Pue is 2: Tina

By Christina Morin

When I wrote my first piece for Pue’s back in July 2009, I didn’t really anticipate writing another entry, let alone later joining the editorial team. This was, as far as I was concerned, an intriguing opportunity to offer general thoughts and opinions on the novels central to my research in a space freely accessible to academics and non-academics alike. The responses to that first piece, including one noting how it had helped prompt the reader to pick up Castle Rackrent, however, encouraged me to contribute further pieces to Pue’s, and I was delighted when Juliana, Kevin, and Lisa asked me to come on board as an editor in January 2010.

What I hadn’t realized when I wrote that first piece in 2009 was how appealing I would find the immediacy of blogging. As we discussed at our most recent symposium, ‘Honest to Blog’, there’s quite often a lengthy delay in the academic publishing experience, meaning that timeliness can be a significant problem. A scholarly article commenting on a particular current event or development, for instance, frequently appears long after said event has come and gone. Blogging, however, allows for instant engagement with matters of pressing, if time-limited, concern or interest. More than that, as evidenced by our readers’ lively responses to Pue’s pieces, it engenders immediate critical debate.

That’s not to say, of course, that traditional scholarly publishing isn’t also a central part of encouraging debate and discussion, but blogging allows that exchange to happen without the necessary delays associated with the peer review and publication process. This immediacy is, for me, one of the most appealing aspects of Pue’s and blogging in general, primarily because it facilitates, as Kevin mentioned, very human interactions. At the risk of sounding corny or sentimental, what I love most about Pue’s is its very real sense of community – one that evinces itself most readily online, in the comments section of each post, but one that also extends, as Kevin suggests, to daily life outside the blog. I get a definite thrill each time colleagues, many of whom I didn’t even realise were readers, remark on a post I’ve written, just as I do when I have the opportunity to meet contributors, readers and other interested people ‘live’ at our symposia or, as has happened once or twice, by accident in the street. More than just allowing me to put faces to names, such meetings have really broadened my interests, inside academia and out. Coming from a literary background, I love the way in which Pue’s encourages inter- and extra-disciplinary perspectives. Through Pue’s, I have met, discussed with, learned from, and been inspired by historians, archaeologists, mathematicians, librarians, archivists, digital humanists, radio presenters, and a host of other readers and contributors whose ideas and perspectives have helped me look at my own work anew.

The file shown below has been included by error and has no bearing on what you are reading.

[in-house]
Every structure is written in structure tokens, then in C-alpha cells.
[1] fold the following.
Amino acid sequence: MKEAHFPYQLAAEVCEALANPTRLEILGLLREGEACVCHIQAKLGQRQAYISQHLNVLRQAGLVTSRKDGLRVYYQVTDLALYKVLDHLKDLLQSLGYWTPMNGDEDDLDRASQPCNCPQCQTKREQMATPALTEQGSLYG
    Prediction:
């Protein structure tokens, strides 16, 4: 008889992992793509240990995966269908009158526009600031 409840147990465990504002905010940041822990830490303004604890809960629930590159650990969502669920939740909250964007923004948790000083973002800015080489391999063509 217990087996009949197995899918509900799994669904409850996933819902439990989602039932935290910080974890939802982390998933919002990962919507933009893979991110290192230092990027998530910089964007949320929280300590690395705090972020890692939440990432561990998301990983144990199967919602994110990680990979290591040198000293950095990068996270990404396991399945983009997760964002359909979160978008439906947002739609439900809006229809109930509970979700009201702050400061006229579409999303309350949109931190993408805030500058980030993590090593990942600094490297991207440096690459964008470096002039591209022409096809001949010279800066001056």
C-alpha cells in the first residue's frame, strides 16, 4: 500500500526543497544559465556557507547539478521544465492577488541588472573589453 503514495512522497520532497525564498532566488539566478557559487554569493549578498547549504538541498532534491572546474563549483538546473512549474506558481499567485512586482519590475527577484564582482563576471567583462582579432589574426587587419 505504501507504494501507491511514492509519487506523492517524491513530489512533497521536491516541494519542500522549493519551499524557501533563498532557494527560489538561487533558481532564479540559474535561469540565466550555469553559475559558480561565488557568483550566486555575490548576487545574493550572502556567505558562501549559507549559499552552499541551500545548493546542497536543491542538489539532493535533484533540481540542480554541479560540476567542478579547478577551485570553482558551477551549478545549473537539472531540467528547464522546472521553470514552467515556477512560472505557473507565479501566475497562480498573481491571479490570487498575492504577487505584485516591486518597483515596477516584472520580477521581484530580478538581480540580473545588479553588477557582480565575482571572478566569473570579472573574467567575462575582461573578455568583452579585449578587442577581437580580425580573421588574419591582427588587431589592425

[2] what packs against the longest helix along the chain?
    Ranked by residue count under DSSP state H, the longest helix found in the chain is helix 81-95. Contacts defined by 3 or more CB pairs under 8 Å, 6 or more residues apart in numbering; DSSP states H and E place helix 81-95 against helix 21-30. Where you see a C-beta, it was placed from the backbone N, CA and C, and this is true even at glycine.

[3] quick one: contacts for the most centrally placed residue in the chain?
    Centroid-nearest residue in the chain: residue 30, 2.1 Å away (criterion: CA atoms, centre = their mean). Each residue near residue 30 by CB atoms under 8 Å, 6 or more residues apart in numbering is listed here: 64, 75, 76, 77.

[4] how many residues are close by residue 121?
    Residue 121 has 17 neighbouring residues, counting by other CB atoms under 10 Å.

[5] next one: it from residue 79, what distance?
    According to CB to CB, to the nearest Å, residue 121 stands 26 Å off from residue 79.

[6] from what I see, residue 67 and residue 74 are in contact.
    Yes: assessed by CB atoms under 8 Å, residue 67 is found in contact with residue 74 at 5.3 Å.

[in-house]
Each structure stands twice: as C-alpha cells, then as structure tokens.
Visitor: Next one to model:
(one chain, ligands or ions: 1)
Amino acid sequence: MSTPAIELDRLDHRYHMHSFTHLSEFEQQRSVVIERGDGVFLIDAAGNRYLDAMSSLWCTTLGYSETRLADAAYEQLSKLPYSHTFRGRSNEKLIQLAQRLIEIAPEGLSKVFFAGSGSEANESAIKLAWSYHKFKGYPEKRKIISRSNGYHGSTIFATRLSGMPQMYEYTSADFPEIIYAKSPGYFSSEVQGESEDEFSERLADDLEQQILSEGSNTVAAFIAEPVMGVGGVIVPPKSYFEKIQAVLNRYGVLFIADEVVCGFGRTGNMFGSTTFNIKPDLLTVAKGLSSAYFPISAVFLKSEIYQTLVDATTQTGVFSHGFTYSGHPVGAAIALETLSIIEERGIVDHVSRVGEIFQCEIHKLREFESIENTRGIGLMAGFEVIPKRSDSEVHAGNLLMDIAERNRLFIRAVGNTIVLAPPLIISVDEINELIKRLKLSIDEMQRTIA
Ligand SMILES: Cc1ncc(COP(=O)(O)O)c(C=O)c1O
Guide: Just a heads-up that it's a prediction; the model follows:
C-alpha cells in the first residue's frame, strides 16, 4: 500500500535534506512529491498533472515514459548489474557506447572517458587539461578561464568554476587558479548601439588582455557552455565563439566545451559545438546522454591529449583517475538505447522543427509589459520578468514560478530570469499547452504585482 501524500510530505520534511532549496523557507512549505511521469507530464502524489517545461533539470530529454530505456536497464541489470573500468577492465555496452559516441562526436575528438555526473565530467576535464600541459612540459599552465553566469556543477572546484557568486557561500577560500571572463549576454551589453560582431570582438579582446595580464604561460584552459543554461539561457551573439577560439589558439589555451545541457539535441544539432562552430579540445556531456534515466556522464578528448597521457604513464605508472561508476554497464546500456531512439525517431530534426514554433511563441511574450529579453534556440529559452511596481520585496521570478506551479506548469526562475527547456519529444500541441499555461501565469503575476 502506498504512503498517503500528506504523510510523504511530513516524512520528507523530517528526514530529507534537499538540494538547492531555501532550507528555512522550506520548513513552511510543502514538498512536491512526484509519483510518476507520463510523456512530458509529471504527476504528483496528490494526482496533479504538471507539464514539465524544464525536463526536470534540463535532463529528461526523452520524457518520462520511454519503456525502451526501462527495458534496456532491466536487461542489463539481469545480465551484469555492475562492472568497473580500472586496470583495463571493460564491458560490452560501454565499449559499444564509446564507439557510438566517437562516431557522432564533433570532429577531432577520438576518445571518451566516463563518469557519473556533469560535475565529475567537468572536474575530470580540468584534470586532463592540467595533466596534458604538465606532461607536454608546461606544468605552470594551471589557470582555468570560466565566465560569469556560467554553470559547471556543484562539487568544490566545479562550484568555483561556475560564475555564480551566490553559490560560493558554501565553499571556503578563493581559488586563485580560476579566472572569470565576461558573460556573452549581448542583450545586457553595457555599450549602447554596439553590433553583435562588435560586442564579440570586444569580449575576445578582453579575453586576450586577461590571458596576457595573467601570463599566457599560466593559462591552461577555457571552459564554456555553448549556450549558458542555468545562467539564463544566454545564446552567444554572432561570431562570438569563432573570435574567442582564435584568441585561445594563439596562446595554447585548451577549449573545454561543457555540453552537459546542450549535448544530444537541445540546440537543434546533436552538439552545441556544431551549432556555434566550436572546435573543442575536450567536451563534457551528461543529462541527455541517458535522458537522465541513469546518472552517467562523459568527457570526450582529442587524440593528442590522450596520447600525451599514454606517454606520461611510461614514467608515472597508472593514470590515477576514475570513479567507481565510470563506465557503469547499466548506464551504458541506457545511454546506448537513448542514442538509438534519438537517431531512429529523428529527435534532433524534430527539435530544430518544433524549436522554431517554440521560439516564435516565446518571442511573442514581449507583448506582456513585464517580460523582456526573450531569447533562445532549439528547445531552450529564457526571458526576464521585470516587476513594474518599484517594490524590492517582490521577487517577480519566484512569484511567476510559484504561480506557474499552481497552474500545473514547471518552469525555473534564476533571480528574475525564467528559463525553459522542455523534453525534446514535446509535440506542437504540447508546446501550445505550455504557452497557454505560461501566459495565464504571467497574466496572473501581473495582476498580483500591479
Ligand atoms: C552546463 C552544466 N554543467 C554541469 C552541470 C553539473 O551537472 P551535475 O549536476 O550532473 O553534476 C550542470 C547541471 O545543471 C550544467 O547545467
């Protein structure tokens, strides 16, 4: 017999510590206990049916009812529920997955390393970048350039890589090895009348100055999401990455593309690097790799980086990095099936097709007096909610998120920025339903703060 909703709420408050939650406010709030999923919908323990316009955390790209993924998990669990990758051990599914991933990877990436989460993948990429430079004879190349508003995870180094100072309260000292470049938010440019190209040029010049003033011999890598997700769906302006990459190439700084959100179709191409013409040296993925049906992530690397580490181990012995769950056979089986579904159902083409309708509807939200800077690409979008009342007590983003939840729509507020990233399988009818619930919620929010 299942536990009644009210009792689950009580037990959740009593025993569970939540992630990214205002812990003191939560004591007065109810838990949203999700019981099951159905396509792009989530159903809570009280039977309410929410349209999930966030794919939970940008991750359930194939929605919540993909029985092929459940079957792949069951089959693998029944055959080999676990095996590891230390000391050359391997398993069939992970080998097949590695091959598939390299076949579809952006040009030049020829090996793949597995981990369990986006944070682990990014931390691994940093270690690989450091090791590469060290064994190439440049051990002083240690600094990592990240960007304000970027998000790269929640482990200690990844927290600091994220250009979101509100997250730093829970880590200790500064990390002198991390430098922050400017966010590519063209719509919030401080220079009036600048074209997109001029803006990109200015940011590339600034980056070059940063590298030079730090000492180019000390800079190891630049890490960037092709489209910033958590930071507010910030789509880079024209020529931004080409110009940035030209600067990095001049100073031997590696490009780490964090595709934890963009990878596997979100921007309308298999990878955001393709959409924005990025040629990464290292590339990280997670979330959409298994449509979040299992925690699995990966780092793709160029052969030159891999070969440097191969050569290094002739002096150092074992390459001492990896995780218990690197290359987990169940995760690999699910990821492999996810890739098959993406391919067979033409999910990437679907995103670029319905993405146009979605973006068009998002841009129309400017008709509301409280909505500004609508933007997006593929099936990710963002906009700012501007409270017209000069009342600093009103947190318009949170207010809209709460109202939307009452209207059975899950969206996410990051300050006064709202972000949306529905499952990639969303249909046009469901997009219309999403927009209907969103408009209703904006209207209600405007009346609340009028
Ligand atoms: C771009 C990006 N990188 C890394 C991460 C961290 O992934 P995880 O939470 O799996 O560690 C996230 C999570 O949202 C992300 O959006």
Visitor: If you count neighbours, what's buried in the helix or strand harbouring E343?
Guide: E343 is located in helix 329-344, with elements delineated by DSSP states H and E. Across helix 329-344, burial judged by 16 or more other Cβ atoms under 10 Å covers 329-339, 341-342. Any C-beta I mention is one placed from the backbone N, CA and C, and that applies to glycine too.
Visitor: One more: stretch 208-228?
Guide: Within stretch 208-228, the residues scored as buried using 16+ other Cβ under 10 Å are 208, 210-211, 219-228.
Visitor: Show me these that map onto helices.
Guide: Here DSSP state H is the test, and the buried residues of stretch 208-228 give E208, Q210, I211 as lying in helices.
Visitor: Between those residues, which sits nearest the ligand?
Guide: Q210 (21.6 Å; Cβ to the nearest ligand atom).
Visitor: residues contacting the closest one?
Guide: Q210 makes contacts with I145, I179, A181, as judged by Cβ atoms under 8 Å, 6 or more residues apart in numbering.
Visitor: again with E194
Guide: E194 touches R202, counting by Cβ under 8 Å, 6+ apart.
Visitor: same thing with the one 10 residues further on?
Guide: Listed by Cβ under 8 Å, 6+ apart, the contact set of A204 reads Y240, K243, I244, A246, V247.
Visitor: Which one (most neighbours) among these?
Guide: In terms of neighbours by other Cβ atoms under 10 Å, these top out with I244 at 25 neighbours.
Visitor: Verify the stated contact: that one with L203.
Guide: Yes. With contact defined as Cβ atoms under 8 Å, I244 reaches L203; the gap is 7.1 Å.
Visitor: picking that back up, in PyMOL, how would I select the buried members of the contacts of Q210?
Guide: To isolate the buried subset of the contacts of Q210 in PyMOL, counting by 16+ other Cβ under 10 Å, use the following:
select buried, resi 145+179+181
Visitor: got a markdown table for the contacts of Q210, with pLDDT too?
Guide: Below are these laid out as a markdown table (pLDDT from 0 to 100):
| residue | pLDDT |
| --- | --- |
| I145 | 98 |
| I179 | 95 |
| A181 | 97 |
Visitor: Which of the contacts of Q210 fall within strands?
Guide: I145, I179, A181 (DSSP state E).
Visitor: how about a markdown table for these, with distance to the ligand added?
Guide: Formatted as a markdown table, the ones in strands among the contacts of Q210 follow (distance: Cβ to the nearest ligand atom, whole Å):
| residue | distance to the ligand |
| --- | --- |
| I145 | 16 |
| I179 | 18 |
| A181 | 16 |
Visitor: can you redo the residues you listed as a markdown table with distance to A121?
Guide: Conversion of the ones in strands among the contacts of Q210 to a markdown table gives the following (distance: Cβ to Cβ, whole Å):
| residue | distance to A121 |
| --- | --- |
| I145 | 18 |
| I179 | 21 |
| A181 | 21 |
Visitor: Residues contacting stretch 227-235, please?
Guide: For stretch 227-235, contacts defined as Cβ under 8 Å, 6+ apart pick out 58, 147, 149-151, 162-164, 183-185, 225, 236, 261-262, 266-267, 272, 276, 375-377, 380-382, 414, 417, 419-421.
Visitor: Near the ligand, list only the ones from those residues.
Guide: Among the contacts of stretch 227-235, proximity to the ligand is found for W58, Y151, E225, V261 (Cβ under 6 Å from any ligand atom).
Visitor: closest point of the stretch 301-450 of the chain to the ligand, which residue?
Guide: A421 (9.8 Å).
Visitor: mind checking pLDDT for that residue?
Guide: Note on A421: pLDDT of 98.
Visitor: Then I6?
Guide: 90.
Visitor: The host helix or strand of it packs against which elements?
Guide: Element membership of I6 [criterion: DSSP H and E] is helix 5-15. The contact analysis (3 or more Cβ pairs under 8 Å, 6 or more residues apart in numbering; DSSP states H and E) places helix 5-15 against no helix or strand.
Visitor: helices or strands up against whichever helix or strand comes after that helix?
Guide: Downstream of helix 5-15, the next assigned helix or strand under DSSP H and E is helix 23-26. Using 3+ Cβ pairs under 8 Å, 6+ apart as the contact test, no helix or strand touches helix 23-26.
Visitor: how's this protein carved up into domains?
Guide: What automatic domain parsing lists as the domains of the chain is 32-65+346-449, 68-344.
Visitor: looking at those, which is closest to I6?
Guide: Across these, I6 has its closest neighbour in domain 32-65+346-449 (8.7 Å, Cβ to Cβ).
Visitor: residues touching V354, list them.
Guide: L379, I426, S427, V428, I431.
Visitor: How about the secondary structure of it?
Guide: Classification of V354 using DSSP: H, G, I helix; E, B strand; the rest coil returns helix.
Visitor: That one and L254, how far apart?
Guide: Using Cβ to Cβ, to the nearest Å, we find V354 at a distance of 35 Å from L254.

I’d be lying if I said that working on Pue’s is always a piece of cake. In fact, it can sometimes, admittedly, feel like a bit of a chore updating the events page, writing pieces when other work is calling to me, and keeping on top of the various editorial and administrative matters that come with maintaining a blog such as Pue’s. That said, however, the metaphoric payout more than makes up for the work put into it, especially when, for instance, readers are particularly enthused about a given entry, or we head to the pub after a successful symposium to continue our discussions, or we have the opportunity to plug Pue’s on the radio. Successes like these, big and small, are what make working on Pue’s such an immense pleasure. And, of course, such successes are thanks to readers and contributors like you, who keep us going by reading, commenting on, writing for, and generally supporting Pue’s. So, I’ll end my ruminations on the occasion of Pue’s 2nd birthday, with a simple but heartfelt ‘thank you’!

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